Restaurant Customers value sustainability in seafood and are willing to pay more for it, UF Researchers say.


Highlights

  • Consumers prefer seafood entrees more transparent information at casual and fine dining restaurants.
  • Country of origin was unimportant, showing customer choices at restaurants differ from those made at grocery stores.
  • Consumers prioritized sustainability and would pay more for less expensive species if they were sourced sustainably.

UF/IFAS Food and Resource Economics (FRE) postdoctoral associate Ly Nguyen and FRE faculty members Zhifeng Gao and James Anderson have published a new research study examining how sustainability and information transparency factor into consumer decisions when ordering seafood at casual and fine dining restaurants.

Most money spent on seafood comes from restaurants and institutional food services sales. However, unlike seafood sold in a grocery store, there is no clear labeling regulations for seafood served at restaurants. Information provided on menus varies widely across the board.

“A discrepancy/variation may influence consumers’ faith and trust in foods served at restaurants,” said Ly Nguyen, lead author of the paper. “Without clear  regulations on menu labeling for restaurants, consumers are faced with the challenge of self-identifying quality of seafood entrée such as country of origin, production methods, and nutritional and environmental impacts of their paid foods; consequently, consumers cannot detect unexpected substitutions or mislabeled food served at restaurants.”

The researchers conducted a nationwide online survey that would evaluate “Willingness to Pay” (WTP) for different fish attributes at both casual and fine dining restaurants. They designed one section of the four-part survey as a choice experiment.

For the experiment, participants would choose one of two similar menu options valued differently and with different information provided. This information included fish species, production method, sustainability rating, certification, and information provided on where the fish was sourced.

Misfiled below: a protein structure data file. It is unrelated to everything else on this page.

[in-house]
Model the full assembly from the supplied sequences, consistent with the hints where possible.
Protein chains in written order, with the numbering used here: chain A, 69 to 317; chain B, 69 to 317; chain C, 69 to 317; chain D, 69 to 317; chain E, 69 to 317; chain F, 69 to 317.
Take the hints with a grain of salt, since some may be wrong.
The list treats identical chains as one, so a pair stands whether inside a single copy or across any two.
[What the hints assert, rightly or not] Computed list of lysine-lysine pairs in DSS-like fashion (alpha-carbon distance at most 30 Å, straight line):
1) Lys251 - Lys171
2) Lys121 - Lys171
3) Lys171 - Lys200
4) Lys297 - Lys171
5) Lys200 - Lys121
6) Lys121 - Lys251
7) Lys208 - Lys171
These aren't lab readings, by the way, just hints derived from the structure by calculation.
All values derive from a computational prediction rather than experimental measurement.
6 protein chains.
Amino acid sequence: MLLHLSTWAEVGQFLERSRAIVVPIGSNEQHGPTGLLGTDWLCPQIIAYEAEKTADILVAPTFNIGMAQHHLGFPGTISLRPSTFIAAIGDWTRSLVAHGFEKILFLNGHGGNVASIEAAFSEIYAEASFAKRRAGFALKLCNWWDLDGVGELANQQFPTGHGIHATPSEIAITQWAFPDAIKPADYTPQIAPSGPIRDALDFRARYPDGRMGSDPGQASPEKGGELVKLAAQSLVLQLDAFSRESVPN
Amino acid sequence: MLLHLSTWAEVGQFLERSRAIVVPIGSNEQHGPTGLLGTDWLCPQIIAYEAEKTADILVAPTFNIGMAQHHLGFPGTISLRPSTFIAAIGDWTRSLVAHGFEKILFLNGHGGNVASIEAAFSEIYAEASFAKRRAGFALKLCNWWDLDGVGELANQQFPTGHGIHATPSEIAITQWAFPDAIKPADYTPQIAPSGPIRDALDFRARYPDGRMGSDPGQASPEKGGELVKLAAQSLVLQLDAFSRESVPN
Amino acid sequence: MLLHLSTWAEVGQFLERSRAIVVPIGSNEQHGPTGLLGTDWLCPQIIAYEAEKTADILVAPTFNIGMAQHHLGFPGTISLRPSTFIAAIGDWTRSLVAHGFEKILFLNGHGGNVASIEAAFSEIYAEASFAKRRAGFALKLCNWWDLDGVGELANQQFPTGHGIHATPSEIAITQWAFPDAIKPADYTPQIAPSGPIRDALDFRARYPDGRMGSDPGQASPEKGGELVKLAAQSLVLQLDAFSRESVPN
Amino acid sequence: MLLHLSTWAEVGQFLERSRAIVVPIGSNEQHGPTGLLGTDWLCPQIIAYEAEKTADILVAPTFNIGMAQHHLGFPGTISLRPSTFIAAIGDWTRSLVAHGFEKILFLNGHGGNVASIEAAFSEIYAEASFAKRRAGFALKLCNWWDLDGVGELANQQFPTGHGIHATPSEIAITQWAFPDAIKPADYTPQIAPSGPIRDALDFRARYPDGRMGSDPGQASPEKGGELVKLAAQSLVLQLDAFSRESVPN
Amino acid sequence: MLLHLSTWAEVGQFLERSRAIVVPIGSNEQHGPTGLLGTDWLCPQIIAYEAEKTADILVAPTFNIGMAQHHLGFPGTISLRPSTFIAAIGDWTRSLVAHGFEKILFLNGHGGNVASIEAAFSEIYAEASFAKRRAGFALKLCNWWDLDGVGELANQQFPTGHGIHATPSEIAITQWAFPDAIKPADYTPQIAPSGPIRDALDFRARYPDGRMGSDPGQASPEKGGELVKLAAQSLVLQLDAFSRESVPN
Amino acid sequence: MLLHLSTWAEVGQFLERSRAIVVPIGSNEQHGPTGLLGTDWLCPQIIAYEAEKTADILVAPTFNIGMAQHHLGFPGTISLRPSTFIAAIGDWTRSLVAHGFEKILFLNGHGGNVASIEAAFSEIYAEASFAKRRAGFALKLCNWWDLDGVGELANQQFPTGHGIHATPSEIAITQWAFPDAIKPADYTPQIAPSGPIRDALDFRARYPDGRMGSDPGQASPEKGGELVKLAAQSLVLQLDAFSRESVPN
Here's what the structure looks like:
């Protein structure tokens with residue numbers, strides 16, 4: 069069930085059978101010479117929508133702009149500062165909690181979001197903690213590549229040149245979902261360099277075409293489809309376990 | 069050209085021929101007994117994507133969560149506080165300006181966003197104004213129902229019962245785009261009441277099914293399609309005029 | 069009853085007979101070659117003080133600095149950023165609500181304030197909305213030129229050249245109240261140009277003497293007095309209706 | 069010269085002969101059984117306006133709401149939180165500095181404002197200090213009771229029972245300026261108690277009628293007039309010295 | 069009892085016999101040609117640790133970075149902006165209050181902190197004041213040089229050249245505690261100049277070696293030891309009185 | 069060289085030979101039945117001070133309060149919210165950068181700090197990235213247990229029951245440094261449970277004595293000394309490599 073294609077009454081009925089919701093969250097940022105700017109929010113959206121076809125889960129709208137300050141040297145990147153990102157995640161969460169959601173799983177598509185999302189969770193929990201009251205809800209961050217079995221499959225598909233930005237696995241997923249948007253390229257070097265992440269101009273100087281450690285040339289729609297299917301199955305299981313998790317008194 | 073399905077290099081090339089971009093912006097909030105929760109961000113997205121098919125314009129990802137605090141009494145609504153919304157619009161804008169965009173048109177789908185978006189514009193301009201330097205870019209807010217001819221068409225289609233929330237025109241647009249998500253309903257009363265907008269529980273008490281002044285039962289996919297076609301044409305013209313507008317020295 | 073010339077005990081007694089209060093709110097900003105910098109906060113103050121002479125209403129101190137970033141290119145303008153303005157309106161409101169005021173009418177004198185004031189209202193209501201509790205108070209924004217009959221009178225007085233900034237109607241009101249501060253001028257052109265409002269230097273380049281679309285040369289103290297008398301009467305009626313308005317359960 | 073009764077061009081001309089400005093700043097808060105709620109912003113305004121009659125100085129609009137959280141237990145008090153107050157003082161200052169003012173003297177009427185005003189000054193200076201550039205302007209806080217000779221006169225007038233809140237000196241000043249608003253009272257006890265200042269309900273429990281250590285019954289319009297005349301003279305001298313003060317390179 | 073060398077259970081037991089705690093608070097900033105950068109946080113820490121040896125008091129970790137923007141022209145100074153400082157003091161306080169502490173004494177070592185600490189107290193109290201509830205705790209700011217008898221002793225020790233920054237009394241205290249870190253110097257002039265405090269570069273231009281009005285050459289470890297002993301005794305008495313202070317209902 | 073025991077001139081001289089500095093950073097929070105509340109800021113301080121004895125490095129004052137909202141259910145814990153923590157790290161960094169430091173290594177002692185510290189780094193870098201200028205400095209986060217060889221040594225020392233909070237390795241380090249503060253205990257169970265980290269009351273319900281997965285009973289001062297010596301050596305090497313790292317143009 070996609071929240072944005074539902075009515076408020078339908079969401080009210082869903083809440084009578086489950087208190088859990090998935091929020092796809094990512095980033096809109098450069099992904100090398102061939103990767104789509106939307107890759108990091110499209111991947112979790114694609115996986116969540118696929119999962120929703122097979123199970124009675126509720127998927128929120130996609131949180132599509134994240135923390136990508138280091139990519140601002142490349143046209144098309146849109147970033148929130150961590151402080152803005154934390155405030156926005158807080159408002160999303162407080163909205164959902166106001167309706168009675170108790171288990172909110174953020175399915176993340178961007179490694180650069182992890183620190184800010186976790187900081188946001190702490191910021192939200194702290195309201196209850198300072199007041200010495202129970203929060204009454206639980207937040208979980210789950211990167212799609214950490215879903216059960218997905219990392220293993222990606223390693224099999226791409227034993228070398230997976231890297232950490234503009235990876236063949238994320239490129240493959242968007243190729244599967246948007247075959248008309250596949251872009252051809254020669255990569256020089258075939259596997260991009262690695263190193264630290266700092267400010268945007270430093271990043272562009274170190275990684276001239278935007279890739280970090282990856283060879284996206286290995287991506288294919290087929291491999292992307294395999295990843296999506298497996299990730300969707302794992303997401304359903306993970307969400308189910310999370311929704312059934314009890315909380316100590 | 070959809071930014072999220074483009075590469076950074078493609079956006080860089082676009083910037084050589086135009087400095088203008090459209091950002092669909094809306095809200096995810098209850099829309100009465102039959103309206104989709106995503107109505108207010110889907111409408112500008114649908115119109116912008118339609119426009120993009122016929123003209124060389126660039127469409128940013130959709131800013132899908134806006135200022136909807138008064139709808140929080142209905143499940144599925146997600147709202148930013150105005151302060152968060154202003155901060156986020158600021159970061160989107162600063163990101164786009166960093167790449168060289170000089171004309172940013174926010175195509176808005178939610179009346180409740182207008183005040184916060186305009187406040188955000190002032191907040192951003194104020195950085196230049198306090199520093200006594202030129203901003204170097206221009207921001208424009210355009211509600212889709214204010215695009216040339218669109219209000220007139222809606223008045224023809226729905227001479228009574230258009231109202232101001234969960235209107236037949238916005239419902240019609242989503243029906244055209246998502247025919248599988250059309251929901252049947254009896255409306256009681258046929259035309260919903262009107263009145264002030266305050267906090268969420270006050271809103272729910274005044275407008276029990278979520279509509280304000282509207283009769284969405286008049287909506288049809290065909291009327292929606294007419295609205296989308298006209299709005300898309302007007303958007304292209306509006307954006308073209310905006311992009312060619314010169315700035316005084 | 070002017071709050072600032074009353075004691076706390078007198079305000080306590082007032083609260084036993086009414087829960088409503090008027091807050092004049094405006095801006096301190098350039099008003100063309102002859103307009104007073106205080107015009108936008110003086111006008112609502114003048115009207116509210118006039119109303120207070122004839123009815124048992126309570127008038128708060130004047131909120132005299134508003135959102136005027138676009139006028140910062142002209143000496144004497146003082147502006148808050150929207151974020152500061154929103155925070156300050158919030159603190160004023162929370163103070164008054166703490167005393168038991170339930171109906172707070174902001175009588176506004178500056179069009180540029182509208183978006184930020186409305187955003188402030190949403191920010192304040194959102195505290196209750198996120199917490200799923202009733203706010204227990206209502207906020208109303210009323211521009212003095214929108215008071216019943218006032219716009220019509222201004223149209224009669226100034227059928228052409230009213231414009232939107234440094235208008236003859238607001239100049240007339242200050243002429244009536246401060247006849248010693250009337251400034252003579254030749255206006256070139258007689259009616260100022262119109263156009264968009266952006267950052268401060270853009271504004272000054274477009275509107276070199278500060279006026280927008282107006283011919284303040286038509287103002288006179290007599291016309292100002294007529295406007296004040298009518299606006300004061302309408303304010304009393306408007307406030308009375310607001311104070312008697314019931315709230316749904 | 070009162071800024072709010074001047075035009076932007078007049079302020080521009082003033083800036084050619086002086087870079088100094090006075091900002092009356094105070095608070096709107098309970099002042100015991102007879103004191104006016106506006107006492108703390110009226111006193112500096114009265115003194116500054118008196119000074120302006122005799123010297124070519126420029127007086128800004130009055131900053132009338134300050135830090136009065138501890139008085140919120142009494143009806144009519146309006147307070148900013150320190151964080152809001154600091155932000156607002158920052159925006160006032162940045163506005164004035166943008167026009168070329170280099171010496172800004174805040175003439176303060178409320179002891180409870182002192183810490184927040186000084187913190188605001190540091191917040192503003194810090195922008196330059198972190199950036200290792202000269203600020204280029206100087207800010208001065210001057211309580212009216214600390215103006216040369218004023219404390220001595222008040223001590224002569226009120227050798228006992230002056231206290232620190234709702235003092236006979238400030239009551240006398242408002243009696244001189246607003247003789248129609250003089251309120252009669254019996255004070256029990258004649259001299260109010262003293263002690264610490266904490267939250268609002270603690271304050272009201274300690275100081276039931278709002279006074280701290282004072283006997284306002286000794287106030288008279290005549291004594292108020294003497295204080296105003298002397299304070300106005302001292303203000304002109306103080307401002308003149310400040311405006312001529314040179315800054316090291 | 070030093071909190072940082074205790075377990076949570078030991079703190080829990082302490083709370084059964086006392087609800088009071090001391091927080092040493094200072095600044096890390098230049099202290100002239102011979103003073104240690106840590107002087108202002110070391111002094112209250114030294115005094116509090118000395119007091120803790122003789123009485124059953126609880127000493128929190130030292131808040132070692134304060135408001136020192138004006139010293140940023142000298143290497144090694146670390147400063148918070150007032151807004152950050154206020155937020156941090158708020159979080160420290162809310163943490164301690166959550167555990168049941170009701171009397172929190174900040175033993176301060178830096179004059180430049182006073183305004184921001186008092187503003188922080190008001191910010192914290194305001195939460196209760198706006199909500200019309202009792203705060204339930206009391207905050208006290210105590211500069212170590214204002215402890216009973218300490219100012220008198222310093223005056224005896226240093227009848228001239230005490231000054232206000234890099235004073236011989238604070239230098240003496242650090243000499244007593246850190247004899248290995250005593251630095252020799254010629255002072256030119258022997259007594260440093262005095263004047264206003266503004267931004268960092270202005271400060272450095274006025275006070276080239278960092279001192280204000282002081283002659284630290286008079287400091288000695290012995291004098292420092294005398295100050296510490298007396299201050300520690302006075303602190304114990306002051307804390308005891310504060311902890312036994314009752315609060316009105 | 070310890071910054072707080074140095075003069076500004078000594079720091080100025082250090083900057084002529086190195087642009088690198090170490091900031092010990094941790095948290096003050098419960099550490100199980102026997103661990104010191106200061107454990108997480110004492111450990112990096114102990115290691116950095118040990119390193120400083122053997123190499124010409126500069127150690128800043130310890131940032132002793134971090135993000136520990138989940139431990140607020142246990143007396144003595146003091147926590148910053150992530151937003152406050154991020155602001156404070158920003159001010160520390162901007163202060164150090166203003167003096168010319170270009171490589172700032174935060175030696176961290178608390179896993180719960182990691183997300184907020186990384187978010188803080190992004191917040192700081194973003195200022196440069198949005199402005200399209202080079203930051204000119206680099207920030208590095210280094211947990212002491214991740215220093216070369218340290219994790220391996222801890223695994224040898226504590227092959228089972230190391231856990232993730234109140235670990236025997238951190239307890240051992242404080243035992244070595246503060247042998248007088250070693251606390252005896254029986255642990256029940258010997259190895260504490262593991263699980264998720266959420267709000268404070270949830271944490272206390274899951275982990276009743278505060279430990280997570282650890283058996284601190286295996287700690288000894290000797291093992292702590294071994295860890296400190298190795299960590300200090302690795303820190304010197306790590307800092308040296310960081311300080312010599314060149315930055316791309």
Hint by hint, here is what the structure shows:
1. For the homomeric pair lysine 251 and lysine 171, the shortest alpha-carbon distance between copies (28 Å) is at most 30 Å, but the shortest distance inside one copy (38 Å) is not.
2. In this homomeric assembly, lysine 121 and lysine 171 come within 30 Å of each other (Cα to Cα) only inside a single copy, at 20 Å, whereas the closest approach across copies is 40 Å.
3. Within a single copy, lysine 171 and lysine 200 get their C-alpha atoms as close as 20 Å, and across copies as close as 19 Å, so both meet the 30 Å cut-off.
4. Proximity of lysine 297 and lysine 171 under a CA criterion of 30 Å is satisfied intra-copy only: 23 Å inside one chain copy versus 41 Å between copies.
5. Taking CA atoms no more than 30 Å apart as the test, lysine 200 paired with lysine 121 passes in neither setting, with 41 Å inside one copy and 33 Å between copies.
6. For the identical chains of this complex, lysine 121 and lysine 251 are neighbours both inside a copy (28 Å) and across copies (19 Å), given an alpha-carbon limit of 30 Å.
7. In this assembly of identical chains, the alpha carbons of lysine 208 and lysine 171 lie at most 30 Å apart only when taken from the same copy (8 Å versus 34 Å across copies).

Seven fish species were used (salmon, catfish, cod, red snapper, pangasius, tilapia, and not specified (i.e., no specific species information is provided on the menu). The species selected in were from America’s most-consumed seafood species reported by NOAA in 2020 and have the greatest potential for unexpected substitutions in restaurants.

Results showed that consumers strongly prefer fish entrees associated with transparent information, regardless of the type of dining establishment.

Unlike previous research on grocery store preferences, the country of origin was the least important when it came to consumer preference for seafood entrée.

Preference for sustainability was also demonstrated clearly in several different findings. In addition to sustainability rating being one of the top two essential attributes for all fish entrees, it was also shown that lower-valued fish benefit more from sustainability labeling. Certification also increases the probability of an entrée being selected.

“The results from this are beneficial to restaurateurs, seafood suppliers, and policymakers in analyzing the costs and benefits of providing more transparent information on restaurant menus (restaurant owners), storing and tracing food to its source (producers), and providing better labeling policies at restaurants to encourage information transparency that could bring benefits to both consumers and suppliers,” Nguyen said.

The full article was published in Food Policy, Volume 110, and is available to download and read at ScienceDirect.


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